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04th Jan 2020

Conor Laverty living proof that the small, clever player can beat brawn any day

Niall McIntyre

Conor Laverty was the smallest man in Breffni Park.

His steps are short and his legs and arms are skinny but there’s one thing that beats brawn every time and that’s a brain. Conor Laverty thinks his way around the pitch and whenever he’s near the ball, everybody in Kilcoo must know that the thing is safe.

Something good is going to happen.

Before the game, they worried that a Ballyboden sweeper might discard Laverty to the game’s periphery, that his flicks, tricks and clever moves might be gobbled up by the Dublin machine.

Boden tried their best, but there’s no catching a slippery eel. Just like it was in Ulster, the Kilcoo captain showed out in front and he ghosted in behind, at all times looking for the ball.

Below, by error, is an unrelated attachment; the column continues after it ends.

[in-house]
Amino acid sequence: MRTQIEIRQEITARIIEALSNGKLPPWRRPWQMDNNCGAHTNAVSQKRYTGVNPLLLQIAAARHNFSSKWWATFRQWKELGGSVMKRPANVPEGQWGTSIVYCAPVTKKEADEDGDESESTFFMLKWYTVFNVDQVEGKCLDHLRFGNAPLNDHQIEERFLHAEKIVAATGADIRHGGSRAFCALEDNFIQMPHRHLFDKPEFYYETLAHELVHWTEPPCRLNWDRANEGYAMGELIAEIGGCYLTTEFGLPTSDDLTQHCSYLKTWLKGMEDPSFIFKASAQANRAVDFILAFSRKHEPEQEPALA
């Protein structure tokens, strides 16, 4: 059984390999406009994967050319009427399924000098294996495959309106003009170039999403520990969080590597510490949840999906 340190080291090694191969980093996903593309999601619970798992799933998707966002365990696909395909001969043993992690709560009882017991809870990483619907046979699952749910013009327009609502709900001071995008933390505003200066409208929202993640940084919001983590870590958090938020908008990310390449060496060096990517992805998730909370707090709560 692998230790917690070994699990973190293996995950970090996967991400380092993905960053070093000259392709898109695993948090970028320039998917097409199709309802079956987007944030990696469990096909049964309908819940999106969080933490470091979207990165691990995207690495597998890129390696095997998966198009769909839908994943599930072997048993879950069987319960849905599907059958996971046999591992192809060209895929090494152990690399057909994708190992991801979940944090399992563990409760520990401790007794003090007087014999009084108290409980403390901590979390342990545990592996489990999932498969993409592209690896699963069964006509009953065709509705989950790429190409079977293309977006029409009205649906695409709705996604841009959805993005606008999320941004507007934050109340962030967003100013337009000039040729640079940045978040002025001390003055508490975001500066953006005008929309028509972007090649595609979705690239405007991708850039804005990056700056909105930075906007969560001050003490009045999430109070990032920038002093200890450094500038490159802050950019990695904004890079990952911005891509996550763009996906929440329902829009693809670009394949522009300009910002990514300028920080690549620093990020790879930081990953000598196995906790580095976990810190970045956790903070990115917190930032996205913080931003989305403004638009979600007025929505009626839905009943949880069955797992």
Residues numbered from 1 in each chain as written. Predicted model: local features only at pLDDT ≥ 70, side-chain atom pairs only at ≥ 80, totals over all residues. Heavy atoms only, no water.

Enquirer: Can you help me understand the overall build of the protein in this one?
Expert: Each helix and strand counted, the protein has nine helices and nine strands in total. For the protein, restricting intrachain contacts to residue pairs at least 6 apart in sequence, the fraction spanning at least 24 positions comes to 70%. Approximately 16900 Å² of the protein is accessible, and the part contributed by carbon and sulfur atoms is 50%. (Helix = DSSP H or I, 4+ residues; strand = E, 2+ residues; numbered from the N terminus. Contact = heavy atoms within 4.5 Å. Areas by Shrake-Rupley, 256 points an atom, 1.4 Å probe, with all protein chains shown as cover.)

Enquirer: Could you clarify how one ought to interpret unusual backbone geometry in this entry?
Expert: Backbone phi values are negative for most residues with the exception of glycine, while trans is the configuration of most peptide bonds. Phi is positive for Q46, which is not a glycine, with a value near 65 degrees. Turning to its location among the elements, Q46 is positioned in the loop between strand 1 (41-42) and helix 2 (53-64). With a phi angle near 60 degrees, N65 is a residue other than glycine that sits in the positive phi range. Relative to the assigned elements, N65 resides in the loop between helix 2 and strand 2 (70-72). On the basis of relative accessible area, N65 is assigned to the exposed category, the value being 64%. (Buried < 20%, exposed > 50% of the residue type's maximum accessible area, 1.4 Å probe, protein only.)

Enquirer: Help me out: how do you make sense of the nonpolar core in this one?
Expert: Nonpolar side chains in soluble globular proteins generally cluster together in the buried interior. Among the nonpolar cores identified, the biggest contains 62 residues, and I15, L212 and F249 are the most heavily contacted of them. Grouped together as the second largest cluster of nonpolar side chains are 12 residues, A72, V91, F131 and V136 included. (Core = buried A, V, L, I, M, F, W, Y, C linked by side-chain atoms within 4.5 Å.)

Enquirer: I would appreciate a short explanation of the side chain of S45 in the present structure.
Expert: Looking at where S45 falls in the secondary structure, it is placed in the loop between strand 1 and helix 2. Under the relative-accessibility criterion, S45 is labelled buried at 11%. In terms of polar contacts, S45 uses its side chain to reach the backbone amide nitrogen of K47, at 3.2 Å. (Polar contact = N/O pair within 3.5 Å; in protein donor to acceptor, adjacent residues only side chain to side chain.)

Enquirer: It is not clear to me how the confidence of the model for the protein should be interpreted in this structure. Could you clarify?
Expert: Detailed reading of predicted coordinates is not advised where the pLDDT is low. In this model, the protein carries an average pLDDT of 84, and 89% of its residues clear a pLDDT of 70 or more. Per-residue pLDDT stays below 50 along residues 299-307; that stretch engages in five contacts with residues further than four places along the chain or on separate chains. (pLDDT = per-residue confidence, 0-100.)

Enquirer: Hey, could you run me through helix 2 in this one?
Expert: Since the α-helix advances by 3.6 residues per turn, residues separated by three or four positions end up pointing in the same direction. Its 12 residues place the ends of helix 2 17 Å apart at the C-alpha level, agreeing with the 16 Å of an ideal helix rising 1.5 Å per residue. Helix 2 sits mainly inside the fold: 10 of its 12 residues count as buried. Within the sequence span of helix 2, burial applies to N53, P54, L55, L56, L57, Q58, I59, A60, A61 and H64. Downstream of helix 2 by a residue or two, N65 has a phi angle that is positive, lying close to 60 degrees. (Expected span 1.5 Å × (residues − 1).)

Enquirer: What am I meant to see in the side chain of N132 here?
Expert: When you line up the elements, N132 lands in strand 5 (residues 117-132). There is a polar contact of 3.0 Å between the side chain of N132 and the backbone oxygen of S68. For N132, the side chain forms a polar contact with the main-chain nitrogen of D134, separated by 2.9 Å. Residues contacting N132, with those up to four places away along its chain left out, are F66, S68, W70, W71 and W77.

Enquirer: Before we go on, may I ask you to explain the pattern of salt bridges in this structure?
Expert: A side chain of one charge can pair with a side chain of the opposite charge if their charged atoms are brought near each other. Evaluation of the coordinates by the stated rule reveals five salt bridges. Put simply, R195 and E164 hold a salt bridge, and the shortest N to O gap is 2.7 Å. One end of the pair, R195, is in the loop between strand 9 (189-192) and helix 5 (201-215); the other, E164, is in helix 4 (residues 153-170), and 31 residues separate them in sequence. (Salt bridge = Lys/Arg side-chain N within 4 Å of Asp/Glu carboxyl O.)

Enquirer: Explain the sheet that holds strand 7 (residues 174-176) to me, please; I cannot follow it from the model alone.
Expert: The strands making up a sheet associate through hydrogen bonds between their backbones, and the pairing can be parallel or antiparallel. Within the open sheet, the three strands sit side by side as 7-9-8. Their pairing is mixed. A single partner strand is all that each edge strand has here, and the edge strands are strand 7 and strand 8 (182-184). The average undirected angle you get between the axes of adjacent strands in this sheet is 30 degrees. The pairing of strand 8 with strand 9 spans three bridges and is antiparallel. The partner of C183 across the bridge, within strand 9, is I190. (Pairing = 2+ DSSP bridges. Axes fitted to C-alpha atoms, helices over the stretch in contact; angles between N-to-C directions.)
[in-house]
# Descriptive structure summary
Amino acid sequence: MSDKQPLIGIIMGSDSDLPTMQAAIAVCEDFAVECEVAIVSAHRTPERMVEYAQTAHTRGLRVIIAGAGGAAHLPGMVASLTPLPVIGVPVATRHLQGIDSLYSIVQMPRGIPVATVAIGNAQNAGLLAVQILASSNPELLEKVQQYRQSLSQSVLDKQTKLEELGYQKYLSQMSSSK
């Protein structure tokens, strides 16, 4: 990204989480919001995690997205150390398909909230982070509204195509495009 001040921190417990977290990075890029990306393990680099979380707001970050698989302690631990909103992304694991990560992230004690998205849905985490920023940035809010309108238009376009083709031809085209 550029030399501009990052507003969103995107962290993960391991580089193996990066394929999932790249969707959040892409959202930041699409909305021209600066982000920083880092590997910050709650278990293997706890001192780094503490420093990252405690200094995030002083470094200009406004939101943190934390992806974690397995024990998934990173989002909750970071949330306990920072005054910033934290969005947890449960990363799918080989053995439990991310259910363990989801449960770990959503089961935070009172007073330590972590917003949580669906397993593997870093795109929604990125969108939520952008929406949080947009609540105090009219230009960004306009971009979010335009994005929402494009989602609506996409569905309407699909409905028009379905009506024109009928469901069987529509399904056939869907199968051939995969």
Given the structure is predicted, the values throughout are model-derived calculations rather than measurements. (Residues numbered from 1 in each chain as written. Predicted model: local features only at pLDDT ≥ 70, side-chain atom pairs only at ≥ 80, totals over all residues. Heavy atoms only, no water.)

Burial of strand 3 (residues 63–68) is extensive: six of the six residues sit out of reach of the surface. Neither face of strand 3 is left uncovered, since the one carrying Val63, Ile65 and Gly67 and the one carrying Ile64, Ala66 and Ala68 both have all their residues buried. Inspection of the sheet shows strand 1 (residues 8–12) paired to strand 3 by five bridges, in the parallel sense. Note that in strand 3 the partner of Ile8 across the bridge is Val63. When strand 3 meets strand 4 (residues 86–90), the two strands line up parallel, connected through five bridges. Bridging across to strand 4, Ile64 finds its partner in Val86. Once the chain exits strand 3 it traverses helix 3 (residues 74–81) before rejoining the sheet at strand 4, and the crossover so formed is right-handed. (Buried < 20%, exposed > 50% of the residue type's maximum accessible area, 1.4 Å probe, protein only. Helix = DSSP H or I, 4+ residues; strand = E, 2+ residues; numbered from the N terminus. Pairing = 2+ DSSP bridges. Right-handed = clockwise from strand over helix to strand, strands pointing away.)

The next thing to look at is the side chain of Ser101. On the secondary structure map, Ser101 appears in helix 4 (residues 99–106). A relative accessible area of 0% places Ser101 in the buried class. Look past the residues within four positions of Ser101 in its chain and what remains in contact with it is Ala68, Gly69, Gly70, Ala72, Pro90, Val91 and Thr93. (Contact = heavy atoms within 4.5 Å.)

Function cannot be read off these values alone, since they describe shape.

He pops up in such threatening positions that it would be unwise for a teammate not to give him the ball, then gets it and everything is well. The runners run and Laverty dictates the play.

Kilcoo had a sluggish enough start to things in the All-Ireland semi-final against Ballyboden. A few wild shots didn’t help and with the breeze at their backs they needed to be doing a bit more.

Laverty, as the wily old fox so often does, brought a bit of calm to it, providing the pass that set up Paul Devlin for the first score as well as the moment of genius that set up Ryan Johnston for a game-changing goal. Sometimes, all it takes is a little flick and Laverty’s clever tap down was enough to put the Boden defence off kilter and to send his man through.

Kilcoo were in the driving seat now.

Both teams had their moments from then on. The Basquels threatened for Ballyboden without really catching fire while Michael Darragh MacAuley was subdued. Indeed, many of their best performances came from a defence that has served them so well all year.

But in a ding-dong battle, it was Kilcoo’s attack who were that bit more threatening. The Johnstons, all three of them played well while the Branagan’s, Eugene and Darryl in particular, never stopped.

Everything sticks with a conductor like Laverty around and when he sent Darryl Branagan off for the game’s second goal it was all over bar a miracle.

There’s still a place for imagination in Gaelic football. Conor Laverty is living proof.

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